Climate-Induced Declines in Crane Fly Populations Could Spell Disaster for Some Birds
In a very specific example of how changes in one part of an ecosystem have wide reaching effects, researchers in the UK how changes in the crane fly population, caused by warmer summers, are having a severe impact on the population of birds which depend upon them, the golden plover:
Higher temperatures in late summer are killing the cranefly larvae, resulting in a drop of up to 95 per cent in the number of adult craneflies emerging the following spring. With these craneflies providing a crucial food source for a wide range of upland birds like the golden plover, this means starvation and death for many chicks. (Science Codex )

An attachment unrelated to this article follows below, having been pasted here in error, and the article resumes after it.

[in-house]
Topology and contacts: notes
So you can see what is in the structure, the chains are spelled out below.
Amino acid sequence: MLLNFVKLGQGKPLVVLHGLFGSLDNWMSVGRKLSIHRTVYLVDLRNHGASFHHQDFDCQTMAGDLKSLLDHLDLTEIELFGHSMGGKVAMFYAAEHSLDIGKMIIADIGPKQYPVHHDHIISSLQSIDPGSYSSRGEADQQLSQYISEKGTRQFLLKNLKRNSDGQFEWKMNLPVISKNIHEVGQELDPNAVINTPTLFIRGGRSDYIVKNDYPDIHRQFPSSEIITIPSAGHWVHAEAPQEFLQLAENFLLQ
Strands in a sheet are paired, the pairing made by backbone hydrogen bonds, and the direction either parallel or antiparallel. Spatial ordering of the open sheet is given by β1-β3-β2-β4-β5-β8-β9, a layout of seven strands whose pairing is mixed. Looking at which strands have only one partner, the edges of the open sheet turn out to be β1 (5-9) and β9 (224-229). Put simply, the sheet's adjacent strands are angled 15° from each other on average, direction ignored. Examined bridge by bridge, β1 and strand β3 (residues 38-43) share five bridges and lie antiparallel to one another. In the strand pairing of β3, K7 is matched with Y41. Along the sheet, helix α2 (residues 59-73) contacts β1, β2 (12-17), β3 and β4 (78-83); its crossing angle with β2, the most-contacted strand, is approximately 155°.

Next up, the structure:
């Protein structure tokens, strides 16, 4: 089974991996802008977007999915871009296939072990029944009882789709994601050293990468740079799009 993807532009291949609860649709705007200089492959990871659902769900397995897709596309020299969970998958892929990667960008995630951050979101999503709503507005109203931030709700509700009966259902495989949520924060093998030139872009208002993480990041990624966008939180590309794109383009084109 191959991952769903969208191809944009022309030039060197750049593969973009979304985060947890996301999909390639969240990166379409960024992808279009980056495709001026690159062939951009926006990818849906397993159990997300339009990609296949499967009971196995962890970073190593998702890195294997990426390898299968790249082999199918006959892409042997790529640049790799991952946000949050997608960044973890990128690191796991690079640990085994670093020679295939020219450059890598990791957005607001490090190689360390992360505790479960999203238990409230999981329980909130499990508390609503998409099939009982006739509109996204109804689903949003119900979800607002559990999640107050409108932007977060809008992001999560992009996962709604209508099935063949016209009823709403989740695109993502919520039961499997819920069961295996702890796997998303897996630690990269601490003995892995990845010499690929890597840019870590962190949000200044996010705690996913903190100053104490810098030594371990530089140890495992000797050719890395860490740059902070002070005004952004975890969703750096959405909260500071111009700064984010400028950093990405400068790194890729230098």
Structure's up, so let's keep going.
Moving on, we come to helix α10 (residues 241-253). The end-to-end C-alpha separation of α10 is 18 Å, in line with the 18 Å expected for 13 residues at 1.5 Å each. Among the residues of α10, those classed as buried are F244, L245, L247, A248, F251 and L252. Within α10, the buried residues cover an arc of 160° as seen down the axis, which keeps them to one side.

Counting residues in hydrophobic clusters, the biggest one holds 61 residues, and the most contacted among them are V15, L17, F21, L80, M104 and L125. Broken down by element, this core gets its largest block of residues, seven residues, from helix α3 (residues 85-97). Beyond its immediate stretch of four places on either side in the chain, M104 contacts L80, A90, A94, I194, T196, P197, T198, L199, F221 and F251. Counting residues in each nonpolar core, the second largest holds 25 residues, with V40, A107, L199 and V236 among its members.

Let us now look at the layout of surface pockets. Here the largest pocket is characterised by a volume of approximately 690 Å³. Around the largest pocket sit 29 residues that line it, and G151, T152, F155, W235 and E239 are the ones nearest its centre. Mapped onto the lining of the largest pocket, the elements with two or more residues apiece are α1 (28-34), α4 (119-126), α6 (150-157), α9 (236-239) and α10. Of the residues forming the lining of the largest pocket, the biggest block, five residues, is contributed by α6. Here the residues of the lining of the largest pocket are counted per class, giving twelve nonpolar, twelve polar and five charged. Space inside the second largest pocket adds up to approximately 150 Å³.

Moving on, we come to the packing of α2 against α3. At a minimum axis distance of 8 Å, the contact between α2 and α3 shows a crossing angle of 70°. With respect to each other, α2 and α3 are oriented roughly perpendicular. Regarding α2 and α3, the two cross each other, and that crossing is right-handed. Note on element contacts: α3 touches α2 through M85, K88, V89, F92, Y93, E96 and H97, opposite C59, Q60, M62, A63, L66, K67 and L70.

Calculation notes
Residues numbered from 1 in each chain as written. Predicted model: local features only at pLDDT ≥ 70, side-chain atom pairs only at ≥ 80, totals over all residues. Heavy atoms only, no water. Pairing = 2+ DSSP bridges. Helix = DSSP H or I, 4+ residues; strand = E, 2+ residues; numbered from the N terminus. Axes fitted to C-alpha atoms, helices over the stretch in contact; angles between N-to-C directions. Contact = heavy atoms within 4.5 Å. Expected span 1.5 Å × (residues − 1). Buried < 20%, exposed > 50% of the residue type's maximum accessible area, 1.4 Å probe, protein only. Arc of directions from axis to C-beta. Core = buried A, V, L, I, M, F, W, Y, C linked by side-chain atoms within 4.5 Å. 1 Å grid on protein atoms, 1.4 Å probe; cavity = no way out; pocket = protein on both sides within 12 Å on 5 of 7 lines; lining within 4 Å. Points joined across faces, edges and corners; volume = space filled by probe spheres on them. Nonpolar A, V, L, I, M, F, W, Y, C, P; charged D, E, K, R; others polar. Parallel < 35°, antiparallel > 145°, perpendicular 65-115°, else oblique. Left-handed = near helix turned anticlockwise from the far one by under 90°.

Dr Mark Whittingham of Newcastle University says that, "The population of golden plovers in our study will likely be extinct in around 100 years if temperature predictions are correct and birds cannot adapt to feed on other sources." Dr Whittingham also added that the implications of this work could easily also apply to other bird species that also rely on daddy long legs for food, like the curlew.
via: Science Codex
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